The ÖVP met as previously scheduled on Tuesday evening, but for an unexpected item on the agenda - they had to select a new party leader after the shock resignation of Michael Spindelegger.
Spindelegger resigned on Tuesday morning, citing the challenges of finding support for his economic reforms in the scope of his role as Finance Minister in the coalition government. In addition to that post, he was also Austria's vice chancellor.
Mitterlehner told a news conference that new posts for government ministers, including the crucial role of Finance Minister, will be decided in the next few days. In an interview on Austrian national radio on Wednesday, Mitterlehner said it was unlikely that he would take on the role.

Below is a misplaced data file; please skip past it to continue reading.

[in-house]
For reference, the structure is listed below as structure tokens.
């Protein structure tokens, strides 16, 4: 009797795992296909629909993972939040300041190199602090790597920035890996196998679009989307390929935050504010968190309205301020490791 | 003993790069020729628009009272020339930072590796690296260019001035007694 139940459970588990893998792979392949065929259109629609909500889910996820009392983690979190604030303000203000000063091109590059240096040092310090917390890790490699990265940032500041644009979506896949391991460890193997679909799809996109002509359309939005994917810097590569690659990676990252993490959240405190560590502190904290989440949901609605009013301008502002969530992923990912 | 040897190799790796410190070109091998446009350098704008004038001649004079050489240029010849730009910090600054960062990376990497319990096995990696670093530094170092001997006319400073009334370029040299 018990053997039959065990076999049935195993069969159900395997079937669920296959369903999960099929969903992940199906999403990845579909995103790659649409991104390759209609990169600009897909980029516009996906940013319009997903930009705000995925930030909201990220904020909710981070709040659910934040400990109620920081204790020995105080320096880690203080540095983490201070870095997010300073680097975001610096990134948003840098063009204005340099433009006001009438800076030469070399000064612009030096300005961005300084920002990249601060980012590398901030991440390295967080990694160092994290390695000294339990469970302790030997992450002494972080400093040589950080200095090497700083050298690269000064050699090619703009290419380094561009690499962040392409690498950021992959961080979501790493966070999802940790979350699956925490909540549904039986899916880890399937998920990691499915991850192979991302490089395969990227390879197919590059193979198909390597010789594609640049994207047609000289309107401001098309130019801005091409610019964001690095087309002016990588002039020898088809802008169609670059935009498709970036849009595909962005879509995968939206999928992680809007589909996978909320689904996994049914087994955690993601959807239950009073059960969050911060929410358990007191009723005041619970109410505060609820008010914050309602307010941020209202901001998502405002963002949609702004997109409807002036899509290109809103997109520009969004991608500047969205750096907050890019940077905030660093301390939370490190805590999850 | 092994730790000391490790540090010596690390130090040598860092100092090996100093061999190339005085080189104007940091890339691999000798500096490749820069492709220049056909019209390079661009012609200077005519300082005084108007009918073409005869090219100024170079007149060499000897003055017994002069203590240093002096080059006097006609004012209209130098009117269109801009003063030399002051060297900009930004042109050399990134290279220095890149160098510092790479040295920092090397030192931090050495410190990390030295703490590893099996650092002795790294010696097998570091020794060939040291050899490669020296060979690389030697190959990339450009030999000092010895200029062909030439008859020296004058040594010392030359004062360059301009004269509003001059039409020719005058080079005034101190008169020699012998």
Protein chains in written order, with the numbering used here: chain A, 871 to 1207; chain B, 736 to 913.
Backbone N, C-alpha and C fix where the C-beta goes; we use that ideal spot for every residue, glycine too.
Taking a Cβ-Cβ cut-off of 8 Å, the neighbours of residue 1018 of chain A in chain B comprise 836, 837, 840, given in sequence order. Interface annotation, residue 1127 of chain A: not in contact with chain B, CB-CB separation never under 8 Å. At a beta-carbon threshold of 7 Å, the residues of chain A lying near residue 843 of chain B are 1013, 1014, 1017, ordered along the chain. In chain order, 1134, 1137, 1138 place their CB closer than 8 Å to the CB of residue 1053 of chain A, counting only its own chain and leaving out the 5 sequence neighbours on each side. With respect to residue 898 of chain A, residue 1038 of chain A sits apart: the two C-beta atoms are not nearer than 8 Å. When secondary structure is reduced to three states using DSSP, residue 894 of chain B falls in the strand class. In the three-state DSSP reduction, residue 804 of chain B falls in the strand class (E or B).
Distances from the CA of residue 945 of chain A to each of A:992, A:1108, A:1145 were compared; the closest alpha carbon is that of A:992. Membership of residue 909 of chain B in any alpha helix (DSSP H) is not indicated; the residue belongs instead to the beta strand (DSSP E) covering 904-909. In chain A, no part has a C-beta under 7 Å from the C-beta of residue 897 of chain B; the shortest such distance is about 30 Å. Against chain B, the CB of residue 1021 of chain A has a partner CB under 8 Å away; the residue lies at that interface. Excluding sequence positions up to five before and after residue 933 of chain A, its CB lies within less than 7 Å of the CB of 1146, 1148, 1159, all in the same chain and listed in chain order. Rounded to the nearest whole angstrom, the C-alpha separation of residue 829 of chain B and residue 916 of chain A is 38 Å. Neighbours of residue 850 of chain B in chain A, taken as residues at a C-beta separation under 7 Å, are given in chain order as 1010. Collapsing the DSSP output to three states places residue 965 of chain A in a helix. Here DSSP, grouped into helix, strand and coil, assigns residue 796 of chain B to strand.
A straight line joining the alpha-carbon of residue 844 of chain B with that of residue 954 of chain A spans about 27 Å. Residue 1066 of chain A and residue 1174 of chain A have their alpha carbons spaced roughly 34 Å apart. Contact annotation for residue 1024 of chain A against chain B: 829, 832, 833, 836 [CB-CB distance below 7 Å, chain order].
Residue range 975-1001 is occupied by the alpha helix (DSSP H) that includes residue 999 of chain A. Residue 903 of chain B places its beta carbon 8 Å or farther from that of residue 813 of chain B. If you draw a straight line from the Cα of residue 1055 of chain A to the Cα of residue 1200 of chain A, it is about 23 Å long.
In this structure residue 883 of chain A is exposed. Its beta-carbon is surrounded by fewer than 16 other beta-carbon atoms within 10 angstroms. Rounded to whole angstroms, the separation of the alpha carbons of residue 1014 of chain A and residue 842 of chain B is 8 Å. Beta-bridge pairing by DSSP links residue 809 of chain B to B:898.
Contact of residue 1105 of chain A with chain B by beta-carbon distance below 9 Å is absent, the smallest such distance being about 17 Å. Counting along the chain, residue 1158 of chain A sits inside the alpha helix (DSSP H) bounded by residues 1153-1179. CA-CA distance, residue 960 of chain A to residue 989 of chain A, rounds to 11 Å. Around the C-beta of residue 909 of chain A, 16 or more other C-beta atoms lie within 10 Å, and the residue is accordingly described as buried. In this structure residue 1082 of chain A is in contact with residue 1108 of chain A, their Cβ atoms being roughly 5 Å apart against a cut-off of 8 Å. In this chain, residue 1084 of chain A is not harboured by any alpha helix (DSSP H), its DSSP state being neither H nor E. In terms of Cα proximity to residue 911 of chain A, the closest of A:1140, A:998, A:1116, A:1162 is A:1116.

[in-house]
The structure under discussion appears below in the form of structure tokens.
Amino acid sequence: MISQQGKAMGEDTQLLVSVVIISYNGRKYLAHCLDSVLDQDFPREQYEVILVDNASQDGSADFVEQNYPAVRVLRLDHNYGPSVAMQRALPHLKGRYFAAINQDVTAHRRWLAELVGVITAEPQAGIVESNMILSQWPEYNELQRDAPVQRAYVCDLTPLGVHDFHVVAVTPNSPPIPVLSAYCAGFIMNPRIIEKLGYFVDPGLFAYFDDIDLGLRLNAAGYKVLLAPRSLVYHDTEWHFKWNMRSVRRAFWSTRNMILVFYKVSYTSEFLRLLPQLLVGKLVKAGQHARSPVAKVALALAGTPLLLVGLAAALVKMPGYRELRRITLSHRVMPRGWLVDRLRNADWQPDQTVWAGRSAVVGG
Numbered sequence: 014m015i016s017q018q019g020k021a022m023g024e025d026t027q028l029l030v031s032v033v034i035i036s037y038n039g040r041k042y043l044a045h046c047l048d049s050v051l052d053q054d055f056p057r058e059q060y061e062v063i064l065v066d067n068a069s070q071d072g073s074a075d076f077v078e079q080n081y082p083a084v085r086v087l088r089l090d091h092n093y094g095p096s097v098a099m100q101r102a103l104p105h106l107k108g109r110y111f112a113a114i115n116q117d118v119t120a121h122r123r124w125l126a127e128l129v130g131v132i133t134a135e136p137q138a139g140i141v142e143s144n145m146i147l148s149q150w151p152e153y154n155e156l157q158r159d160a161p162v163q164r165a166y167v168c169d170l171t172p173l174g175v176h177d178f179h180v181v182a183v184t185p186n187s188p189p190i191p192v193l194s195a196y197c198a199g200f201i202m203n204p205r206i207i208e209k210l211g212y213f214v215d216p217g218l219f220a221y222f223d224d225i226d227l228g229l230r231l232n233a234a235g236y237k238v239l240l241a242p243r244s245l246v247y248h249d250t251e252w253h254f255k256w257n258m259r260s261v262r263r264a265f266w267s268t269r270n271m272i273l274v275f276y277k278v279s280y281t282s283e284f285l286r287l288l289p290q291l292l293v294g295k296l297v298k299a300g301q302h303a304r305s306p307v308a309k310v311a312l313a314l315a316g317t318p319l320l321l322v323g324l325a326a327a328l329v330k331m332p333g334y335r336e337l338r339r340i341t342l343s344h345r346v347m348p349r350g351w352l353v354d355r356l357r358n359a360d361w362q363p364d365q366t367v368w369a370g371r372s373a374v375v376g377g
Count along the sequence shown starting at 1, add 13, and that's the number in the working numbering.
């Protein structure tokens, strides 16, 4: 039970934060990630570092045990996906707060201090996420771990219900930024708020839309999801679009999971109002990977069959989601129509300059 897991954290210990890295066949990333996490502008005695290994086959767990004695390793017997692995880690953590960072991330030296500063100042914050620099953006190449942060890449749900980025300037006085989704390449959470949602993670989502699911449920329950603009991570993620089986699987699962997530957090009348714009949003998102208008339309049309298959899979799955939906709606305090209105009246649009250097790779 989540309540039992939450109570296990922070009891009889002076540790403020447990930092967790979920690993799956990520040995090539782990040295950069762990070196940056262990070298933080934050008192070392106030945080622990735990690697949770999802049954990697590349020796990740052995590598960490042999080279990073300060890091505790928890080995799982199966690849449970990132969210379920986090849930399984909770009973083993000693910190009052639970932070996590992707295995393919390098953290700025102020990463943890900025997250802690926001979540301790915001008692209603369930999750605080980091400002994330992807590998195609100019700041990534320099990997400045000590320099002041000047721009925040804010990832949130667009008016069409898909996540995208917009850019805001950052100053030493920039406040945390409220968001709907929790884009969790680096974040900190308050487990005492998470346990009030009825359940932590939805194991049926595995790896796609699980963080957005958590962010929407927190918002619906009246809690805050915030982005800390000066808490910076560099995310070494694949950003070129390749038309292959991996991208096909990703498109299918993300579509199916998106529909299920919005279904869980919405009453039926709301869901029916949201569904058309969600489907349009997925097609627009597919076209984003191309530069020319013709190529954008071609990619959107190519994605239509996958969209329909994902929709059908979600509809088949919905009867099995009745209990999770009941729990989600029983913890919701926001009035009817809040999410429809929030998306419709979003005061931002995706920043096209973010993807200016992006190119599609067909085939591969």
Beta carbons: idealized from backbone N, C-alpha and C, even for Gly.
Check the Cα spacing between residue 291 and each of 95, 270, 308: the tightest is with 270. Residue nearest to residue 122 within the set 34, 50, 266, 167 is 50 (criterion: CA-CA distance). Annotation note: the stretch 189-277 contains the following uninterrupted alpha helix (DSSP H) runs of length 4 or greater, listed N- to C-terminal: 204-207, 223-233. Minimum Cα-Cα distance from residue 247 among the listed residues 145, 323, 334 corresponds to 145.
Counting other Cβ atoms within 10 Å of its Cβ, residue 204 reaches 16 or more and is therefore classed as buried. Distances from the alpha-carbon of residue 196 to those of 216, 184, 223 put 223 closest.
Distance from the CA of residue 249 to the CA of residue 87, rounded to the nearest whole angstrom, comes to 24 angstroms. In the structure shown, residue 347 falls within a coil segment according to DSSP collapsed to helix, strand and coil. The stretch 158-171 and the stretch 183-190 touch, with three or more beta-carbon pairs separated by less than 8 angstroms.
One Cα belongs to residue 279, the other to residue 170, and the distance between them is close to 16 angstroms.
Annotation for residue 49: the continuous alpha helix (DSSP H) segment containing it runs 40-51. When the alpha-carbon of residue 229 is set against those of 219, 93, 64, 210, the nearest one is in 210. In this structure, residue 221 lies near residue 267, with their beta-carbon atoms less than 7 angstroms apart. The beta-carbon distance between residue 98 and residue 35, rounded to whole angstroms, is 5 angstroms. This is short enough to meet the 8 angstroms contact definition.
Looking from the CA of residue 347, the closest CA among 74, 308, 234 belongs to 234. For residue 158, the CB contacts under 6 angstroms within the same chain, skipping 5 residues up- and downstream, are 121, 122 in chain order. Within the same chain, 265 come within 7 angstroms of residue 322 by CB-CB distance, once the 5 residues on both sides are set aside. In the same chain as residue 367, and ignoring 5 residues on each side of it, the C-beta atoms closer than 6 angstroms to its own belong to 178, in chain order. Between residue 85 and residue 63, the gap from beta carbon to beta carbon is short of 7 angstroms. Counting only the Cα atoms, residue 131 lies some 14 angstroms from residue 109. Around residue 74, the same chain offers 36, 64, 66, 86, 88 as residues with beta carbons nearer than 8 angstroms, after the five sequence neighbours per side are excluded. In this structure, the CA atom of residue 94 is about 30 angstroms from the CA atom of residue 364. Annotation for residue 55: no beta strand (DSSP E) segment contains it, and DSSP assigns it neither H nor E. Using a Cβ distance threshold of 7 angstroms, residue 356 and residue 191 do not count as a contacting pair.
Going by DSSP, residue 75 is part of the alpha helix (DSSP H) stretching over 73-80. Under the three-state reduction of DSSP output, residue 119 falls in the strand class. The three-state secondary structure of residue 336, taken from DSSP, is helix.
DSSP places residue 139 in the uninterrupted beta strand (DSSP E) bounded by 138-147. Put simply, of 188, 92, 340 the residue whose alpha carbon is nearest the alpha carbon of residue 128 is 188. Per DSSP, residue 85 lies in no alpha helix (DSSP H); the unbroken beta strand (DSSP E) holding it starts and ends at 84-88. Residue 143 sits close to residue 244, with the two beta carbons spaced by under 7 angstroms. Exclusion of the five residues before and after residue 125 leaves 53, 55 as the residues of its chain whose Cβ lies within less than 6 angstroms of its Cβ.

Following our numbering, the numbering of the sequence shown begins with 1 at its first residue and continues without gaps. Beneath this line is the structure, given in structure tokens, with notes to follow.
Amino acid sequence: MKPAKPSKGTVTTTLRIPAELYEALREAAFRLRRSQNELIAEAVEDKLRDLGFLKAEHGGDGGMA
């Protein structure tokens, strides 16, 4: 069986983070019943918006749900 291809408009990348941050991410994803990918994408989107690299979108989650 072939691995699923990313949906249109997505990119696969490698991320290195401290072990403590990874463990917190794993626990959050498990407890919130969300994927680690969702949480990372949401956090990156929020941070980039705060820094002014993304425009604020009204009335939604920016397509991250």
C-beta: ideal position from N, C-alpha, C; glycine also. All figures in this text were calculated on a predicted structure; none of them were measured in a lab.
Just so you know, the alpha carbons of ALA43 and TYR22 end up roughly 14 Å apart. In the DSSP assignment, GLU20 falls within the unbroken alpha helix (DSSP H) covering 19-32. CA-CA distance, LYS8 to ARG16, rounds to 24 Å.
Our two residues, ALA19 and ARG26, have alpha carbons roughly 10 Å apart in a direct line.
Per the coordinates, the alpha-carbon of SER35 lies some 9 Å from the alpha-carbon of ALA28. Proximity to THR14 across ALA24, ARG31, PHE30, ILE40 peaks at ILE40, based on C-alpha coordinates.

Observers say both the ÖVP and its coalition partner, the Social Democrats (SPÖ) are relieved by the choice of the experienced politician.
Mitterlehner is considered to be capable and more open for political ideas outside of his own party, as opposed to his predecessor Michael Spindelegger.
Mitterlehner was born in Upper Austria in 1955. The legal expert started his career in the Economics Chamber of Upper Austria, staying there from 1982 until 1992.
He was the general secretary of the Austrian Economics Association until 2000, then the deputy general secretary for the Austrian Economics Chamber until 2008. As of 2008, he was the minister for economics and families. In December 2013, he because minister for science, leaving the ministry for families behind him.
The 58-year-old is married to his second wife, and has three children.